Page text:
On my final day as editor of the Charlotte Observer, it’s worth noting what sold me on a career in journalism. It started with a single phone call I answered nearly 40 years ago.
I was only a few months out of college, a rookie reporter working at my desk at the Fayetteville Observer. An anxious man on the other end of the line wouldn’t identify himself. He said he’d read my stories about the deaths of a number of soldiers whose parachutes had become entangled over drop zones at Fort Bragg.
It bothered him that the Army had explained their deaths as merely an accident. Combat training is dangerous, an Army spokesman had told me for my stories. It’s inevitable that people sometimes are hurt or killed.
Don’t believe it, the anonymous caller said. These soldiers died after a general insisted on the use of a parachute prone to entanglements during mass jumps. What’s more, the plan is to continue using that parachute. More soldiers could die.
How can I confirm this, I asked? You won’t even tell me your name. No, he said, it could cost me my job. But I can tell you what documents you need to prove it.
He was very specific. And so was I when I followed the directions in my media law textbook to file a public records request under the federal Freedom of Information Act. It seemed like a longshot, but off went the request to Fort Bragg.
A few weeks later, a mail clerk sat several boxes on my desk. They were filled with technical documents. Not from Fort Bragg, but from the Pentagon. My anonymous tipster called again, and this time helped me sort through hundreds of pages until I had the story.
My editors stripped it across the top of the front page. Not long after, the command structure that had ignored the warnings of its own safety inspectors was forced to change course, and the Army revised its training manual to prevent such incidents from ever happening again.
The impact of that story astounded me. I knew little about the Army, even less about jumping out of airplanes. But I managed somehow to be the voice for someone desperate to be heard. Together, we very likely saved lives. I was hooked. What more could someone ask for in a career?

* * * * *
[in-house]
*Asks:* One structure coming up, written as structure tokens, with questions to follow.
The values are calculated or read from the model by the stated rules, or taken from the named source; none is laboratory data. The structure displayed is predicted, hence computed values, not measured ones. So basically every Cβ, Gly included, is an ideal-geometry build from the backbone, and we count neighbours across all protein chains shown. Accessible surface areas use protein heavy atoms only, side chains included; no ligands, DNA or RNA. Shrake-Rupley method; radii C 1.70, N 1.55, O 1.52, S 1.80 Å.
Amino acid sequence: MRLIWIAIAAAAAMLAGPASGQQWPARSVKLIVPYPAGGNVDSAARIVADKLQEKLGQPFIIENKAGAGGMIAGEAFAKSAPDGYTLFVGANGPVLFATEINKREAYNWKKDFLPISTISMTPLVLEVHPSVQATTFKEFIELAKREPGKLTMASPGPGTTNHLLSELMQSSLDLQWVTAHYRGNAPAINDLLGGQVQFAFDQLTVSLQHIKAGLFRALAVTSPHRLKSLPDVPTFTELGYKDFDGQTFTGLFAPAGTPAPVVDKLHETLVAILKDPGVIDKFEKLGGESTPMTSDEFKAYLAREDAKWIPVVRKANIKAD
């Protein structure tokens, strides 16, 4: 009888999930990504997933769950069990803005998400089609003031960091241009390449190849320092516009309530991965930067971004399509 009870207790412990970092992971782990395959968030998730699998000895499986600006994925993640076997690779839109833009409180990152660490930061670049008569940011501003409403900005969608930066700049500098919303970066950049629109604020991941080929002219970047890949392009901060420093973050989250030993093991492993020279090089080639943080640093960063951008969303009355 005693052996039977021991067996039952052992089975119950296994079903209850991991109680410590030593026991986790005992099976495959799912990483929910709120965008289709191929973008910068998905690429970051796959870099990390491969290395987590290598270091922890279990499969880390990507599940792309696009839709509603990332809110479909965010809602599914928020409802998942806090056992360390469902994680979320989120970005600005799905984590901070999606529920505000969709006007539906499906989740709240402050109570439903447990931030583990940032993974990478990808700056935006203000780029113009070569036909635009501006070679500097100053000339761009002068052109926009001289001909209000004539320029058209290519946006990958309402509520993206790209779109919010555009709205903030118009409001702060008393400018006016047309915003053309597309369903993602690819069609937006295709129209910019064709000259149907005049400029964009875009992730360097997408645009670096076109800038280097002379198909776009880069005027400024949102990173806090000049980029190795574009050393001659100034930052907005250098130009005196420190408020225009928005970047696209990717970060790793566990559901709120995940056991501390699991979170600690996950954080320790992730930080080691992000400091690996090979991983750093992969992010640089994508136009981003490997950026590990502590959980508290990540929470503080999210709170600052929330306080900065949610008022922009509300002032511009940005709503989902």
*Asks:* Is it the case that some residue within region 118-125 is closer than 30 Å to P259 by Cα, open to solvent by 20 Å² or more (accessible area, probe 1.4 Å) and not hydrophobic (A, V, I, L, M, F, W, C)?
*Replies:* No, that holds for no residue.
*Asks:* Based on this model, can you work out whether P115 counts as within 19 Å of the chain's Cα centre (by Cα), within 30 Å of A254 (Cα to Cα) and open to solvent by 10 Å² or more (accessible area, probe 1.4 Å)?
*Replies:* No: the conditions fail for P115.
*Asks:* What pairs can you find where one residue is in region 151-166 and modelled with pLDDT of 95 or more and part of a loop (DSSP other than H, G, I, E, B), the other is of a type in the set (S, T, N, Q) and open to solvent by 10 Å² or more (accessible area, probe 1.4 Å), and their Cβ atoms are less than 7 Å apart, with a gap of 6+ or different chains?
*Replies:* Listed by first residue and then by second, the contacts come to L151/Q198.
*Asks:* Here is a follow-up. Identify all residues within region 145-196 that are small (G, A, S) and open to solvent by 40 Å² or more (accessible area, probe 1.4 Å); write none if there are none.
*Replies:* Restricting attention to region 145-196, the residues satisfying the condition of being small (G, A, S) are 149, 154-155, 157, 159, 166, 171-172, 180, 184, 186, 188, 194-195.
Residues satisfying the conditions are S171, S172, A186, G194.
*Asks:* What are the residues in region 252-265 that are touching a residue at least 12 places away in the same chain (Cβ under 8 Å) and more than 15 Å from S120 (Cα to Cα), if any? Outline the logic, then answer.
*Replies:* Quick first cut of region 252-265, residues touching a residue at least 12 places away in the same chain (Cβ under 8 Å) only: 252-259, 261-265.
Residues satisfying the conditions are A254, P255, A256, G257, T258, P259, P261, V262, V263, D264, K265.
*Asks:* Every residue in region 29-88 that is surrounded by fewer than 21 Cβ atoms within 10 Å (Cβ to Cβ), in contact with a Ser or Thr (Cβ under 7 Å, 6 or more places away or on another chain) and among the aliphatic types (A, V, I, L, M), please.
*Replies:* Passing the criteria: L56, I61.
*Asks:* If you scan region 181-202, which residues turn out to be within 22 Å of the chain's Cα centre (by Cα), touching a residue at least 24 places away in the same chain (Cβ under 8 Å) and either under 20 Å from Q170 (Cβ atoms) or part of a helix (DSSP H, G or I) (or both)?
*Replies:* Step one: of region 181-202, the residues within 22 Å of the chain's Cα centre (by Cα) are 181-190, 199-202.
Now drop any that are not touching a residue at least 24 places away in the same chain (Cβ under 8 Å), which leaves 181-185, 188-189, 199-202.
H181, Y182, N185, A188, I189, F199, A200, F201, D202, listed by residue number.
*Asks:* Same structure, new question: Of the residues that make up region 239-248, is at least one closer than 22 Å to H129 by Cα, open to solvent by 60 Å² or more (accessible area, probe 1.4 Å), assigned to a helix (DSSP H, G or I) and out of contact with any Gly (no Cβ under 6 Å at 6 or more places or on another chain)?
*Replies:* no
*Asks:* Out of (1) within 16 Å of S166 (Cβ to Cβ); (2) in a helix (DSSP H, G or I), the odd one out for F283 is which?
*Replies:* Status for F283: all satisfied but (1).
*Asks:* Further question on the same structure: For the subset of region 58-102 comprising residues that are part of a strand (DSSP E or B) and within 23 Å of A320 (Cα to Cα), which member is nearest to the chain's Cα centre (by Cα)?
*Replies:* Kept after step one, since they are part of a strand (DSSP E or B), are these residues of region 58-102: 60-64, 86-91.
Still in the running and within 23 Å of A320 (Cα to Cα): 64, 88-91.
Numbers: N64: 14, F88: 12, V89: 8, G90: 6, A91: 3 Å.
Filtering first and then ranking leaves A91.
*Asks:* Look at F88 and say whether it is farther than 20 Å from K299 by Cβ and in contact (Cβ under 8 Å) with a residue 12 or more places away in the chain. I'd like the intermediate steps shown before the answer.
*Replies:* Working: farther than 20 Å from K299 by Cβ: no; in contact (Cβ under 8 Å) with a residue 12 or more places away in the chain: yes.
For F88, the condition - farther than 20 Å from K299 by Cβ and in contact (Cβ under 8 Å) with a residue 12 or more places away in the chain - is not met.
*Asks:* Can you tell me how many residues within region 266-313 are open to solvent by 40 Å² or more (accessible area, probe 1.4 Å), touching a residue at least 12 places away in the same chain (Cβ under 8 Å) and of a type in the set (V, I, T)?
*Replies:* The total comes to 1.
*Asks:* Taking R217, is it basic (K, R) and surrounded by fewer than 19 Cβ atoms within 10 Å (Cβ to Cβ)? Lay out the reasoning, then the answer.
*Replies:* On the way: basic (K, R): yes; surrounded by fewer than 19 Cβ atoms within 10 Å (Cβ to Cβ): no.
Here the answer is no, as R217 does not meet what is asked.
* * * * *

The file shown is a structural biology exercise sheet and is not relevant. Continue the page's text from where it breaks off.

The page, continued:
As it turned out, a journalist’s work is all that and more. We introduce, explain, facilitate, inform, educate, even entertain. It’s all fascinating and, at times, incredibly exciting in offbeat ways. On Election Night, for example, most ex-journalists would gladly change places with those inside a buzzing newsroom, tracking returns and eating cold pizza.
But now, as I prepare to retire from the Charlotte Observer, I am still most in awe of journalism’s raw power to be that voice for the voiceless. It’s a miraculous form of public service, and I have to think it is exactly what our nation’s founders had in mind when they insisted on a free and independent press. A press that reports to no one but you.
I lift up this ideal now because it’s so easy to overlook in today’s contentious media environment. The public is increasingly skeptical, even cynical, about the motives of anyone who purports to deliver “news,” and for good reason. The fact is that many pseudo-journalists are actually trafficking in spin, propaganda and outright lies. If it’s truth you want, it has never been more important to first establish the credibility of your news sources.